Pre-date trial set for Harvey Weinstein

Toby Graves
December 21, 2018

Harvey Weinstein arrived at a NY courthouse where his lawyers were hoping to have the sexual assault case against him thrown out.

A judge denied a motion by the former movie mogul's team that the case had been "irreparably tainted" by allegations a police detective acted improperly during the investigation.

He is accused of raping a woman in a hotel room in March 2013 and forcibly performing oral sex on another woman in 2006 at his apartment in Manhattan. Even though one count of a criminal sex act was dismissed in October, Weinstein - who has denied all allegations of nonconsensual sex across the board and pleaded not guilty in this case - faces life in prison if convicted on all charges.

As NPR has previously reported, the prosecution says New York Police Department detective Nicholas DiGaudio erred in his communications with Weinstein's accusers a few times, including encouraging one accuser to delete personal data from her phone before she handed it over to police. The lawyer Gloria Allred, who represents one of the women accusing Weinstein, said outside the courthouse Thursday that there was "still time for other accusers to come forward".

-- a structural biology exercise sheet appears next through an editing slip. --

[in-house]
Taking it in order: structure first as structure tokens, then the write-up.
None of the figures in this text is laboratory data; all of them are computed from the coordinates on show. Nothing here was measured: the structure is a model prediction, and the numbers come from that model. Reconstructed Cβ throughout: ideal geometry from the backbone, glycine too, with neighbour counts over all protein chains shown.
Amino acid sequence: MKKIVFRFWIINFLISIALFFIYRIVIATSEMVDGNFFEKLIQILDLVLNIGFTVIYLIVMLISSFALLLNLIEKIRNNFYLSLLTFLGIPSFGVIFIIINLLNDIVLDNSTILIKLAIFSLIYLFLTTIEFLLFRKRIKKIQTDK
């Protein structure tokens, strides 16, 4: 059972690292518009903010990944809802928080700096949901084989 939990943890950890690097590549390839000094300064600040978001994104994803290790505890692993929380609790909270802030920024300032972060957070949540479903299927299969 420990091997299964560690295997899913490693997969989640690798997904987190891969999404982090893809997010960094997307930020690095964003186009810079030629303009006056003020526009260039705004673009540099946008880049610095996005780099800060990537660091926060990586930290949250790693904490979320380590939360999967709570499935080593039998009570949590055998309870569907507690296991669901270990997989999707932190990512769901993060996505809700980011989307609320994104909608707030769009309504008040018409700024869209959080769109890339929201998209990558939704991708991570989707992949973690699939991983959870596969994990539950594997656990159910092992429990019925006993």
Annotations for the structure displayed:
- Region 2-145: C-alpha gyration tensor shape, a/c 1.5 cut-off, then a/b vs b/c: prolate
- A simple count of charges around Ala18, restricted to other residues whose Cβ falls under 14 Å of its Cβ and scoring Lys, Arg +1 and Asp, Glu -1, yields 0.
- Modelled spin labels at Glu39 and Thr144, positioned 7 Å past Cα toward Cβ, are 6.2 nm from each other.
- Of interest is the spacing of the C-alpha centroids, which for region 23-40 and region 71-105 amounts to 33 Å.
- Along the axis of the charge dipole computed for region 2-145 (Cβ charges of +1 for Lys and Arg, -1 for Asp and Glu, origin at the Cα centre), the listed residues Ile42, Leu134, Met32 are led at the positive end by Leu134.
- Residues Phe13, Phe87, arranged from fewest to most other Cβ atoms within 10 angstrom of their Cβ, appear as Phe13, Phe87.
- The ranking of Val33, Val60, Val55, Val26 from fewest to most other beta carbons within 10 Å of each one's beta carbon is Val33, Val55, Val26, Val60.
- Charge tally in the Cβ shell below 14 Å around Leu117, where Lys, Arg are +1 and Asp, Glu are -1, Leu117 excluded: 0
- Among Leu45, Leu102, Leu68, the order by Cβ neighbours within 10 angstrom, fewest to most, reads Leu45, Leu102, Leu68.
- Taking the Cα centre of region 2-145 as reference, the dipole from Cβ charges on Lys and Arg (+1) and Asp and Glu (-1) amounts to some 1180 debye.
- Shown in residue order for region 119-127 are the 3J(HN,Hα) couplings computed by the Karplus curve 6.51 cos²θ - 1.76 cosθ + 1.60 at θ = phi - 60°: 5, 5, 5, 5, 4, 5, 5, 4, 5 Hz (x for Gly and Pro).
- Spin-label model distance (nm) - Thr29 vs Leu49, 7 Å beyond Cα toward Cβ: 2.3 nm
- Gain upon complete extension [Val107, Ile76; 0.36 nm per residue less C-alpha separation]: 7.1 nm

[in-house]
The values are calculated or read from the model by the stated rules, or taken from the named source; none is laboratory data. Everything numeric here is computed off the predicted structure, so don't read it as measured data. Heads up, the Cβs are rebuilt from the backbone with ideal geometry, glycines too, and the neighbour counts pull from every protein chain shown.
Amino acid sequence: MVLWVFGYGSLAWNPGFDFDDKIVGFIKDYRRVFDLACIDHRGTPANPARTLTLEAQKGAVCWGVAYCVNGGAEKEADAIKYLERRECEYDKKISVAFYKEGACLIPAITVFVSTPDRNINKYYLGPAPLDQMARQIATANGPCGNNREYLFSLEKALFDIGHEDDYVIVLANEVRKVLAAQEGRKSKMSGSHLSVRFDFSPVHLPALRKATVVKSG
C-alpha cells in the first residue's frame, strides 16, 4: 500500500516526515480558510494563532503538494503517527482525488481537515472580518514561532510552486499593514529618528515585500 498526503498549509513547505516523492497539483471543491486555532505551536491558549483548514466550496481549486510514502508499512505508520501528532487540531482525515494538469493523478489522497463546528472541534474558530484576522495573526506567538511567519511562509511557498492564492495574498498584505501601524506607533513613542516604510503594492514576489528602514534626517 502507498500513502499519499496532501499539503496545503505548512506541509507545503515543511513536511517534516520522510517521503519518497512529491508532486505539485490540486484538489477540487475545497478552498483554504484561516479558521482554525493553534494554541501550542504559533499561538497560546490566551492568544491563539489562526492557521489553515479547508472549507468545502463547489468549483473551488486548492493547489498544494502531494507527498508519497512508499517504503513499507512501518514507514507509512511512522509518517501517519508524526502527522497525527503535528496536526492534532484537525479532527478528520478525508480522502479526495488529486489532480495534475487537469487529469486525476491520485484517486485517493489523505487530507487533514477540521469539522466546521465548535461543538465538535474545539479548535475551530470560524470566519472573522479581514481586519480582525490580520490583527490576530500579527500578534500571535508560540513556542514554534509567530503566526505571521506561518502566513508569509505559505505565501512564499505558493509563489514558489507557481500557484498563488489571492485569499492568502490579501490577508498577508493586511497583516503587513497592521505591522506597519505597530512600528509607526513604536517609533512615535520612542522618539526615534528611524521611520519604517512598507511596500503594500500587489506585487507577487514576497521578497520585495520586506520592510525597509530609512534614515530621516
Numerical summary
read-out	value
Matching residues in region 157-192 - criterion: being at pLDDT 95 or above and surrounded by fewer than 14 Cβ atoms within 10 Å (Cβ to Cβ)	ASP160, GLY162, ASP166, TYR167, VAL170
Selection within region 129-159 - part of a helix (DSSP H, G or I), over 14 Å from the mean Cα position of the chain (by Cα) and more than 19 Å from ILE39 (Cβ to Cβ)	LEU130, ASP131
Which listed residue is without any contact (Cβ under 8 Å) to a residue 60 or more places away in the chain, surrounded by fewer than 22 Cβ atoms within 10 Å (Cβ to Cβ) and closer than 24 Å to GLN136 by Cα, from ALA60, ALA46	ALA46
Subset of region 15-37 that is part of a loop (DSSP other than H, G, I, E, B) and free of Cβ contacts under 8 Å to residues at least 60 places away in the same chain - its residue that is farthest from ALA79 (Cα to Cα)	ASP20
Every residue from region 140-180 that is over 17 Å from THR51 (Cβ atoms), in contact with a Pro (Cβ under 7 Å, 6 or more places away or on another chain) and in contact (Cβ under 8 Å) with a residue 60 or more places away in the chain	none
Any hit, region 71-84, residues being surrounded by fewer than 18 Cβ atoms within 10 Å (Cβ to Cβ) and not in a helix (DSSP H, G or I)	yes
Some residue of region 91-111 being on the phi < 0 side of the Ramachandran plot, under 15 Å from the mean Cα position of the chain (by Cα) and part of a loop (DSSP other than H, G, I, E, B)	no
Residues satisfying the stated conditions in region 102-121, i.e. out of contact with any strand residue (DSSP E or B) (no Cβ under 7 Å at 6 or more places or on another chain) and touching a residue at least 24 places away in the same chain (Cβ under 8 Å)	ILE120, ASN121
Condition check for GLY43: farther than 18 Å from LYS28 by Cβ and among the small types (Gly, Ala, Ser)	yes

Burke dismissed one charge against Weinstein earlier this year but he flatly rejected the defense motion on Thursday to toss out the other five counts.

"The motion to dismiss on these grounds is denied".

Weinstein steps down from his car
Weinstein steps down from his car Credit Julio Cortez AP

Now it's up to Judge James Burke to decide.

If Harvey Weinstein was in charge of this script, today he'd be looking to do a reverse of the "perp walk" he was led on after his arrest.

Images of Weinstein, the notoriously bombastic producer of Oscar winners "Shakespeare in Love" and "The English Patient", in handcuffs last spring were seen by many women as a cathartic moment in the #MeToo reckoning.

DiGaudio allegedly told the witness in February that when she spoke to prosecutors, "less is more". As a powerful Hollywood producer, Weinstein "commercialized his predatory behavior by forcing women to have sex with him if they wanted to advance their careers", Gershman says.

Weinstein has also argued that the indictment should be dismissed because the grand jury had not been shown communications that he said showed a long-term, consensual relationship between him and one of the women. Several activists involved in these movements made their presence known at the hearing.

The friend told investigators that Weinstein and the accuser had been "hooking up" consensually for a while and that she never heard her say anything bad about him until past year, Weinstein's lawyer, Ben Brafman, said in a court filing.

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